As the threat of coronavirus enters Asia—the number of cases in Thailand has reached 19, two in India and one in Nepal—Bhutan has been upping its capacity to deal with the outbreak. In China, in Wuhan from where the outbreak began, the number of infected cases has crossed more than 14,000.

For Bhutan it has become critically necessary to not only beef up surveillance at entry points, but also inform and educate the people regularly. Prime minister has asked the speaker’s permission to update on the disease before every session of the on-going parliament. That will not be enough, however.

We have now come to the point when we have to decide whether to close down borders or cancel international flights to destinations where cases of coronavirus are growing.

The ministry of agriculture has advised the people to refrain from importing and consuming food, vegetables and meat items from unidentified sources. What is important though is that our people should be aware of the dangers. Our focus today has to be how efficiently to take the message to the farthest corners of our country.

Prime minister is regularly meeting with the representatives from different agencies and members of disaster management authority to fully understand the situation and preparedness of the country.

It might not be an emergency situation in Bhutan yet, but we can ill afford to take it easy. If there is a coordination failure, we can be overwhelmed in the matter of a few hours. For seamless coordination in case the virus comes to Bhutan, we need to write and call; we need to do by much more. If all these lead to creating panic, all the better although that isn’t the media’s real intention because fear or the knowledge of something dangerous that could visit us is always good.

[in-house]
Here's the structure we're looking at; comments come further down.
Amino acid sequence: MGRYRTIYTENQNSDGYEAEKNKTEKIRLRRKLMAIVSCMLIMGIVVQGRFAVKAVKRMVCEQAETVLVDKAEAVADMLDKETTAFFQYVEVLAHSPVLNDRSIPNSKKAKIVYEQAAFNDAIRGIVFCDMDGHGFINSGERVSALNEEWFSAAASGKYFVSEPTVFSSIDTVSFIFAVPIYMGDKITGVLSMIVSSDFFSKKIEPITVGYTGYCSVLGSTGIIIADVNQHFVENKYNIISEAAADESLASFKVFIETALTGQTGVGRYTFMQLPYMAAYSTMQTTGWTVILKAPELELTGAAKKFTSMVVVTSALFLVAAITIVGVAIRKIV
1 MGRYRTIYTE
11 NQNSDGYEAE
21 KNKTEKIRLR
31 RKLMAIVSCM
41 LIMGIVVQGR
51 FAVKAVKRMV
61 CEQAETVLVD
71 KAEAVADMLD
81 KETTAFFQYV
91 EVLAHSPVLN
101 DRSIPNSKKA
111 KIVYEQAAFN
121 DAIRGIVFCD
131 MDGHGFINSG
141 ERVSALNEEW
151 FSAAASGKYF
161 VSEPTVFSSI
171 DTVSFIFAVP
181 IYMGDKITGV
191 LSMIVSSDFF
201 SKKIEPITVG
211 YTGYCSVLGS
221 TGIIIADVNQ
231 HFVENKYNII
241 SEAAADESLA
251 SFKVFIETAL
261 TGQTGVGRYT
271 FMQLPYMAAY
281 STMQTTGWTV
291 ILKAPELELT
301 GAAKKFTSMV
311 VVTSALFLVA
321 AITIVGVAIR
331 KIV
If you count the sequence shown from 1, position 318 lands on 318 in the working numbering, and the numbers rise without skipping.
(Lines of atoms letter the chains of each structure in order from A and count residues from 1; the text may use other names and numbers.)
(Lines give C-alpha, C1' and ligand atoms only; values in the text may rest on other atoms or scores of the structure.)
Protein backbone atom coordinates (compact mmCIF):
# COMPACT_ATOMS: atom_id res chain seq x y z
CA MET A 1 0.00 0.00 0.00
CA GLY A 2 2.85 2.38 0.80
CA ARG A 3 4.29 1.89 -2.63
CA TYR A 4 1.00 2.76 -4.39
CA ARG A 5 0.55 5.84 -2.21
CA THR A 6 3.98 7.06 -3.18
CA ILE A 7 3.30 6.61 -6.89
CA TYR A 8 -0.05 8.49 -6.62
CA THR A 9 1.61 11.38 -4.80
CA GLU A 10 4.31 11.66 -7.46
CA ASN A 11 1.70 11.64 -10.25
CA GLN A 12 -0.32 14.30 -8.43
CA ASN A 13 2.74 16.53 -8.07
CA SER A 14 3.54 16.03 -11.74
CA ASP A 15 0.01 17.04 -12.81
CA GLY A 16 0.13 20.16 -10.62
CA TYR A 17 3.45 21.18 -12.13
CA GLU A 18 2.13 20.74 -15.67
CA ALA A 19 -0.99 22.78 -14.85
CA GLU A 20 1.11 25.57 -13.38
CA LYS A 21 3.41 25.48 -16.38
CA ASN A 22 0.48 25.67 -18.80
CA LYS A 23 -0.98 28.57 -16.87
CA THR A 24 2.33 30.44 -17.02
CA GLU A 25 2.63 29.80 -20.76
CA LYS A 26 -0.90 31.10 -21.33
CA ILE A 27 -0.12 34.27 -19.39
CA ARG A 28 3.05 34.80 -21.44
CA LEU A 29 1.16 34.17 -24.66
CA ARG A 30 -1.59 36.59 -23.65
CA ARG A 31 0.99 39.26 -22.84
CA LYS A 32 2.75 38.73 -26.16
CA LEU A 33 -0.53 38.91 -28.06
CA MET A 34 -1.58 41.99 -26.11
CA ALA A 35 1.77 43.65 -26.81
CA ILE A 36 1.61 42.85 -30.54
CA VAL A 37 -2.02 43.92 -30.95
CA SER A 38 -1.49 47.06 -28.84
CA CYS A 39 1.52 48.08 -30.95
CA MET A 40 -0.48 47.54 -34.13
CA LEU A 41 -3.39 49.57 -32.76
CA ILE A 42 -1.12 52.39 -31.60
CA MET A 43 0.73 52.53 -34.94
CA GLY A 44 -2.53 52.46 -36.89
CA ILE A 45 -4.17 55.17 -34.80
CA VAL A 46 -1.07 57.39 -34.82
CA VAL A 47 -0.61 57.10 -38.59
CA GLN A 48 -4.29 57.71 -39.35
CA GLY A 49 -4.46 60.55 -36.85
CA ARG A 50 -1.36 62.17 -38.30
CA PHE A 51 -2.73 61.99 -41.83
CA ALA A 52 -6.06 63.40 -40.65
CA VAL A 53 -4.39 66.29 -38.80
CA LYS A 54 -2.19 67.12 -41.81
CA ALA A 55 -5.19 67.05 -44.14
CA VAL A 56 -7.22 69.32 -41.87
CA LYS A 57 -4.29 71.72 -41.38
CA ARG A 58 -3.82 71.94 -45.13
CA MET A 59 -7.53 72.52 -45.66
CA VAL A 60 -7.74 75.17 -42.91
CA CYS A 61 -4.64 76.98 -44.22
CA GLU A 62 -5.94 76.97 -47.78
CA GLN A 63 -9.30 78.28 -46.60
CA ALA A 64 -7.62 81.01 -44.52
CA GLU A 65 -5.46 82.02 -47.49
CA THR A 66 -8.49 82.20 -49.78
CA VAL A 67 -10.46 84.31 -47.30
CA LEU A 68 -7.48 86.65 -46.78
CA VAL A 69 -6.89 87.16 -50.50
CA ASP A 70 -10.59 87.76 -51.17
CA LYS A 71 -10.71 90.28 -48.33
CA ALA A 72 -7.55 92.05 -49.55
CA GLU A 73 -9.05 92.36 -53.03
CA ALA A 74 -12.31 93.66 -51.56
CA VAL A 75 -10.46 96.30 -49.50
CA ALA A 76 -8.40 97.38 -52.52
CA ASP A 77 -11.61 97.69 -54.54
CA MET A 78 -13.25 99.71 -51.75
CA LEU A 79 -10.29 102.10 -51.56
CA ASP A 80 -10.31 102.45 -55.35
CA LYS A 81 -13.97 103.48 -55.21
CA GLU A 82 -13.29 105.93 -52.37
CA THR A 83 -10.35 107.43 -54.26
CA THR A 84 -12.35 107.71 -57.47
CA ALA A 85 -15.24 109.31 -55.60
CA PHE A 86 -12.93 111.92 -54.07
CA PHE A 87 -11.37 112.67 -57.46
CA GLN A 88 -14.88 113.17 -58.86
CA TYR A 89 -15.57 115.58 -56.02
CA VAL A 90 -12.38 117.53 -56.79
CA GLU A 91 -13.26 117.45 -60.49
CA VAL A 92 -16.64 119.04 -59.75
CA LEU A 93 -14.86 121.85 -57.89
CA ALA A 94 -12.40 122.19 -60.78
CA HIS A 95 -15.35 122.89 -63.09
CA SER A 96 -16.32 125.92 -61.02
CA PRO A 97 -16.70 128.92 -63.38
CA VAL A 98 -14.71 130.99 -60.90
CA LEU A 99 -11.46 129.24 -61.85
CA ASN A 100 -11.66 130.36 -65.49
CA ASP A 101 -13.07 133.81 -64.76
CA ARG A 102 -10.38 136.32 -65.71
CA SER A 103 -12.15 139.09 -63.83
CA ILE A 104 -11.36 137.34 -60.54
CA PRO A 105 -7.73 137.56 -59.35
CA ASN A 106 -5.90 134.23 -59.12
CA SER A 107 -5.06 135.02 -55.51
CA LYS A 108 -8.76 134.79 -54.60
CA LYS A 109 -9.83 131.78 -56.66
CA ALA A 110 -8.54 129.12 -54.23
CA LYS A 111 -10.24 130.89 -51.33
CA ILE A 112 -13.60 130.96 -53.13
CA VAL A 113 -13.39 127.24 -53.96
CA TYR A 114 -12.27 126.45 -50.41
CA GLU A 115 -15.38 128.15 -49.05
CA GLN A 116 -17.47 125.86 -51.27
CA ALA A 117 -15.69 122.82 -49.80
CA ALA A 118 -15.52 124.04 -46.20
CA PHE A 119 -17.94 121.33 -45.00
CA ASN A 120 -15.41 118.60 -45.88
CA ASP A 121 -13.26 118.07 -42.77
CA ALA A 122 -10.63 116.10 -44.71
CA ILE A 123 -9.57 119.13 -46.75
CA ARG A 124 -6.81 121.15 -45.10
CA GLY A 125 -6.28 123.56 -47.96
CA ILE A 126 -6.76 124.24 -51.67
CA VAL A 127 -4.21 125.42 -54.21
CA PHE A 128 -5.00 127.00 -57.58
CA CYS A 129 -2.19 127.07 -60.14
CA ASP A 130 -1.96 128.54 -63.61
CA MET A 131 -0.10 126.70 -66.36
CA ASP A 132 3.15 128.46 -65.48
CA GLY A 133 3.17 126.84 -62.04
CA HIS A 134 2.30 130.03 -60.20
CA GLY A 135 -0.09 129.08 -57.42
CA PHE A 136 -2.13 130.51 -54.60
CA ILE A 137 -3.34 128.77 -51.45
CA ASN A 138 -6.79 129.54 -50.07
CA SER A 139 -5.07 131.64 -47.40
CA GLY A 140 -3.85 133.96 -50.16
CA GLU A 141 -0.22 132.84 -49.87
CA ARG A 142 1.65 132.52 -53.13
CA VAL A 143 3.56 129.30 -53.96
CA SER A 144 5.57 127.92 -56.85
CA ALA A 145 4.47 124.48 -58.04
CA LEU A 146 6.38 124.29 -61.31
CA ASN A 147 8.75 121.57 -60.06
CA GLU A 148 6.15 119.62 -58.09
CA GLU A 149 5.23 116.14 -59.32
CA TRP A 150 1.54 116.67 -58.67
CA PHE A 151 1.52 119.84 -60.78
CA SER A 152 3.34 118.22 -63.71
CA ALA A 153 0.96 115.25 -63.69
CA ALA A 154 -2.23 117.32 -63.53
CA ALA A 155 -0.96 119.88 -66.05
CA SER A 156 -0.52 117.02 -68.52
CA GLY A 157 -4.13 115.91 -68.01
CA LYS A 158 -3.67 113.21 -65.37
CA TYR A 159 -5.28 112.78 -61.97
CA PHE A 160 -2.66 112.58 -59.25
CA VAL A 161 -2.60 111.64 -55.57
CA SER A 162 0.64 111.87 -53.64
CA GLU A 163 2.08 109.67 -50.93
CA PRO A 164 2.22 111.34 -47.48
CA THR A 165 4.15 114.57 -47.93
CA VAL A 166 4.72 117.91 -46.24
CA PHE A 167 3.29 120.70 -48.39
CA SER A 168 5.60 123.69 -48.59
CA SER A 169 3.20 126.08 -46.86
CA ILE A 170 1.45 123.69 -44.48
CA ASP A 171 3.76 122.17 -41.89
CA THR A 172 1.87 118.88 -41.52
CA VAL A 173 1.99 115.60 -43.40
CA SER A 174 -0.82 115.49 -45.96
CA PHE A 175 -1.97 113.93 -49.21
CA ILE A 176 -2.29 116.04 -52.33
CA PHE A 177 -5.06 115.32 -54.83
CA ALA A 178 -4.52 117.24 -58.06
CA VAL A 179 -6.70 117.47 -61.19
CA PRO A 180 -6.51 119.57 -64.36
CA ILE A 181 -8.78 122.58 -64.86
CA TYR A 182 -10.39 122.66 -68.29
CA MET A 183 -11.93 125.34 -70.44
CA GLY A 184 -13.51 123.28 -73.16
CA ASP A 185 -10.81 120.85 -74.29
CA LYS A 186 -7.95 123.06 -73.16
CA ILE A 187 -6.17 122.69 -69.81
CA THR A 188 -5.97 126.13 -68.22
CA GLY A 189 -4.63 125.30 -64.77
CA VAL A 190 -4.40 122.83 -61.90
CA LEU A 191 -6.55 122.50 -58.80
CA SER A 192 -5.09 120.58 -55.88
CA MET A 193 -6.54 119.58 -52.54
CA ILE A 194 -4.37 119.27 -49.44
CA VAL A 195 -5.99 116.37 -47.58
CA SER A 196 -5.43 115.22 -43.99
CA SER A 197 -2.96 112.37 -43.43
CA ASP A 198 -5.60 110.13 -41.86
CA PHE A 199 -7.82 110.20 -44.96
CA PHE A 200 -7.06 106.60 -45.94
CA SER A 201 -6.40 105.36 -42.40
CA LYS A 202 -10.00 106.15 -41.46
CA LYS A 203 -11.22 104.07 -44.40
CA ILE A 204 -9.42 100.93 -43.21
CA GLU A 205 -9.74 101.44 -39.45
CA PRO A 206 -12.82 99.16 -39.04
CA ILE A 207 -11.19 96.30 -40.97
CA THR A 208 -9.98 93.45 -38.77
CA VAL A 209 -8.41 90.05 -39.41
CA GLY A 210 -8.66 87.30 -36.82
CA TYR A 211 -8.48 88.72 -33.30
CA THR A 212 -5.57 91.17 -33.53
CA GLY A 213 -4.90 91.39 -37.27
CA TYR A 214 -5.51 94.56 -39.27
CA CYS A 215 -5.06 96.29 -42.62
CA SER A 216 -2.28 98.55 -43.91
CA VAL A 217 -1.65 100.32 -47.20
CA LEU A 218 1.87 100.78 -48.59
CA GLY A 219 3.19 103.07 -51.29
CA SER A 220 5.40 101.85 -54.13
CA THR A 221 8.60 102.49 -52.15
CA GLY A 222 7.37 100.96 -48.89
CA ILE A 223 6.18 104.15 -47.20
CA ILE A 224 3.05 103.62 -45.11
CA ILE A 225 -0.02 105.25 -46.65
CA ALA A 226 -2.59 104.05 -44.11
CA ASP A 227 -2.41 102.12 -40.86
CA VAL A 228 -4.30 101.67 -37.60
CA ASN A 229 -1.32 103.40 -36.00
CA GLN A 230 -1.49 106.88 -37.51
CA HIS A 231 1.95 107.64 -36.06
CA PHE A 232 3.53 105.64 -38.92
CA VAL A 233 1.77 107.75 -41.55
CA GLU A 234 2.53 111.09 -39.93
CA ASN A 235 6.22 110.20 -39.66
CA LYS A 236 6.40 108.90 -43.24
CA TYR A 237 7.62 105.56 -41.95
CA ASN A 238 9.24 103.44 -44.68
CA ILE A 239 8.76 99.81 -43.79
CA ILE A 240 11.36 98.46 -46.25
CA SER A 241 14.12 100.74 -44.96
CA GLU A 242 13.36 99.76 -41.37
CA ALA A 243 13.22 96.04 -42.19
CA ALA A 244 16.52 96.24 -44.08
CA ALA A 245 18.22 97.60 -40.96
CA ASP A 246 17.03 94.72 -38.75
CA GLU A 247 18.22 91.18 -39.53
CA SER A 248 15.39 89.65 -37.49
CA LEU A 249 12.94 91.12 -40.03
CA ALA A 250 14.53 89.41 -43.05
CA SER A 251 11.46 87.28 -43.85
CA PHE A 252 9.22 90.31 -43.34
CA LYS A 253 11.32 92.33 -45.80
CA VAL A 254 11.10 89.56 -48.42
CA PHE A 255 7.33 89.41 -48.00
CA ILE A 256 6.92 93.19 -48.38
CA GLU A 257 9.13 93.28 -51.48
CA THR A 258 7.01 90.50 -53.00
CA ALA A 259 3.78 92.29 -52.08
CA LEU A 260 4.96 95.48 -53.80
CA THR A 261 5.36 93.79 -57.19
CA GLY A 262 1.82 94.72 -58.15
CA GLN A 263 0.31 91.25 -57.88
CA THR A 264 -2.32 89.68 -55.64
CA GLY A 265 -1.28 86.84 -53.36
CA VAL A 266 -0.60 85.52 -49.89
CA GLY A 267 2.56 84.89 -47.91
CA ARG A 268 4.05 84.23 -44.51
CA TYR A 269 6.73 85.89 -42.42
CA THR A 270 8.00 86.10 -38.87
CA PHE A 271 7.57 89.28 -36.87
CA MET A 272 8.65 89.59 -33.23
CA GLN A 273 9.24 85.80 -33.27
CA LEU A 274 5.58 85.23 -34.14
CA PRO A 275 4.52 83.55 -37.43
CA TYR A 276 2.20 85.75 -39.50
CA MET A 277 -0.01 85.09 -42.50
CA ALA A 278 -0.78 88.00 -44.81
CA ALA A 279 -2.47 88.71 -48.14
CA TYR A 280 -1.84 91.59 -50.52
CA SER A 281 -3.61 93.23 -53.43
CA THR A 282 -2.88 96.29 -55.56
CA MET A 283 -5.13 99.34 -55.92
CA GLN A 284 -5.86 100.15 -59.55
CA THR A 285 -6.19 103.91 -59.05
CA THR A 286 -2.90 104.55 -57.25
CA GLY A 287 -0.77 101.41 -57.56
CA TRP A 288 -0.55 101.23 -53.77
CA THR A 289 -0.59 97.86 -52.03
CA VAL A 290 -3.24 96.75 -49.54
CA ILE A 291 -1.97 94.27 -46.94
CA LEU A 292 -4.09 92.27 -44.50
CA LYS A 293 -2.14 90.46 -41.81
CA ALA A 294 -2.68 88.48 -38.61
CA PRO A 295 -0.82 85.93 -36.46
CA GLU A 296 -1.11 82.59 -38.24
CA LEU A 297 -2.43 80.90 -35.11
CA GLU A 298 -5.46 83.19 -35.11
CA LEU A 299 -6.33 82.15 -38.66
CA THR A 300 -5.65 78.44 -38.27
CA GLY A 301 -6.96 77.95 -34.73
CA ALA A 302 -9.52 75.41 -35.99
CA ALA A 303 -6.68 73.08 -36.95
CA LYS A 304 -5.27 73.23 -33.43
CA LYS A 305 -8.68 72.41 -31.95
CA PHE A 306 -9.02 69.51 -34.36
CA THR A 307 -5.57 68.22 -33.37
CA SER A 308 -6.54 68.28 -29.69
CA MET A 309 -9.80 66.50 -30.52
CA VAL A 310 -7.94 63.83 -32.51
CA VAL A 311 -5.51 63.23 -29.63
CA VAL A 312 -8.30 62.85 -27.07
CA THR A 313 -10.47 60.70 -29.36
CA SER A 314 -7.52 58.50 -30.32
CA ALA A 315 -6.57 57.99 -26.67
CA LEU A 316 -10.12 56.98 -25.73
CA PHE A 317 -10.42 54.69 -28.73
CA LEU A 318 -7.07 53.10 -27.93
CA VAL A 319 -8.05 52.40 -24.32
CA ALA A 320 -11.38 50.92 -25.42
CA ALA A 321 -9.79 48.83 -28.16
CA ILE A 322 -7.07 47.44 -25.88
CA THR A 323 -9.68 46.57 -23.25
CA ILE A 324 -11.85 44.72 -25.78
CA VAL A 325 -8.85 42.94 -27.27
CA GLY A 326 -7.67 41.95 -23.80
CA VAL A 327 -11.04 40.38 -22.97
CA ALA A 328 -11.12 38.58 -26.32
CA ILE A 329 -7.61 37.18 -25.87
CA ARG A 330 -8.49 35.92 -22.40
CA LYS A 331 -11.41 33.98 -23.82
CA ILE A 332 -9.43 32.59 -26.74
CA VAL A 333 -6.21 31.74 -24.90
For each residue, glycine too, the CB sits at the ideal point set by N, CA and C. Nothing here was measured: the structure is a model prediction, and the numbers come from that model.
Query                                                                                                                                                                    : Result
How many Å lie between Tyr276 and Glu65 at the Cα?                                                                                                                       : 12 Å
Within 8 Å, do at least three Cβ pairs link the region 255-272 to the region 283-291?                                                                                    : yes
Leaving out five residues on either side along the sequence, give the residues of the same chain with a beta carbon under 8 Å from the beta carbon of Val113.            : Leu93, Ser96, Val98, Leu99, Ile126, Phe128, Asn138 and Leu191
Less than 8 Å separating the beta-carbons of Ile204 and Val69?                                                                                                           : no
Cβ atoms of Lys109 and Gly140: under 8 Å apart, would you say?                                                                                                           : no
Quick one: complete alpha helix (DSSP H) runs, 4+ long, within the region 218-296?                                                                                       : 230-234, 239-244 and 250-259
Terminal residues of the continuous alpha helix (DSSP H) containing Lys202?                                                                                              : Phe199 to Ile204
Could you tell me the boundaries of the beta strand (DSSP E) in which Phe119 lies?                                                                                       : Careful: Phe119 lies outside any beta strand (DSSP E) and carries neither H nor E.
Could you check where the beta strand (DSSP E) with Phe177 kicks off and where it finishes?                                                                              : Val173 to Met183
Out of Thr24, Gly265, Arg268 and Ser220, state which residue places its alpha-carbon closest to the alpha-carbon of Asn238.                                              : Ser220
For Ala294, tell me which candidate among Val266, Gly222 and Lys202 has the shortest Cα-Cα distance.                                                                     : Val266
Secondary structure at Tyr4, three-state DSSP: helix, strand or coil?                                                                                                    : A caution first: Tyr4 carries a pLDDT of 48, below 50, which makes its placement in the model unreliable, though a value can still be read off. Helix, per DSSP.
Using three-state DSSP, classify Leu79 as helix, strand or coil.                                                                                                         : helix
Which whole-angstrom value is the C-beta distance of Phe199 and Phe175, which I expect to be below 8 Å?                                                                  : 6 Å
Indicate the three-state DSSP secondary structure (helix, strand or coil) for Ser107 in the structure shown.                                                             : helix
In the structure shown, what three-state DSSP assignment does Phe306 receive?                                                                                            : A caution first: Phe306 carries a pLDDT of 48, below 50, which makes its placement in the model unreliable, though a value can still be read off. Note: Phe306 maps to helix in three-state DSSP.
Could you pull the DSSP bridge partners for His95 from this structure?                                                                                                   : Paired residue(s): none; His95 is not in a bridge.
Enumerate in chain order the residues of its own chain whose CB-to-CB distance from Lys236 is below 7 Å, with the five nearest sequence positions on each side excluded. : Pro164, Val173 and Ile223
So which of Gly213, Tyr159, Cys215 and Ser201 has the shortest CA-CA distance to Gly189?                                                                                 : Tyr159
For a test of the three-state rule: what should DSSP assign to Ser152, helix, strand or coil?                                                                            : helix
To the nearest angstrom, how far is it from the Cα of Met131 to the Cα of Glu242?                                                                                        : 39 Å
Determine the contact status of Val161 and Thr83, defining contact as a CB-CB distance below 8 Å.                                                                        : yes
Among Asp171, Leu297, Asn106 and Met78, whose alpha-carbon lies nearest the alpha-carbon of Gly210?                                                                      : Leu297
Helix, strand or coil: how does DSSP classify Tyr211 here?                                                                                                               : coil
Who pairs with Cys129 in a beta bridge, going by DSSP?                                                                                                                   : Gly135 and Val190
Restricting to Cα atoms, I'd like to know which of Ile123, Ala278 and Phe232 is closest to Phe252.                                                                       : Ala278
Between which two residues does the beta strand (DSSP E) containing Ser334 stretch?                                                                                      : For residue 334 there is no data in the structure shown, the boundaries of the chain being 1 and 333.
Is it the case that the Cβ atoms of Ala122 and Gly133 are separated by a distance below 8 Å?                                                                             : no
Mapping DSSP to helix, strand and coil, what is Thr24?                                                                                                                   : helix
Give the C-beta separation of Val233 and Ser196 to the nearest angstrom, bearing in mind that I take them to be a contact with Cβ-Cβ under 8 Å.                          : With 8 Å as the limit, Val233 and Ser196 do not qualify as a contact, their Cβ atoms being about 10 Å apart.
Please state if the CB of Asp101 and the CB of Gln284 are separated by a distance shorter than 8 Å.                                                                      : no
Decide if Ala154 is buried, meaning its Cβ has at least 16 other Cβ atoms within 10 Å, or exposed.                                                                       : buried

Preparations cannot go well without information. Because coronavirus is a new disease and we get to know only a little more about it from the new cases, the media have the responsibility to write about it so that our people know what they ought to do to keep the disease at bay. 

That the government, health ministry in particular, is managing formal and informal entries into the country, taking precautionary steps to avoid all possible risks gives us some comfort.

But even as much is being done to protect our people from the deadly disease, some people, particularly retail shopkeepers, have found it convenient—very shocking indeed—to maximise their profits. Overnight the cost of medical equipment has ratchet up. There are reports that some businesses are hoarding vital medical products and equipment because tourists are now paying fat money.

Economic affairs ministry’s office of consumer protection has notified that such unfair practices, if found, will be punished. But how are we monitor whether such things are happening in the country?

Here is the toll-free number—1214. If you are in the know who is hoarding vital medical products and equipment, call this number. In a situation like this, such things that can protect people should in fact be made free.


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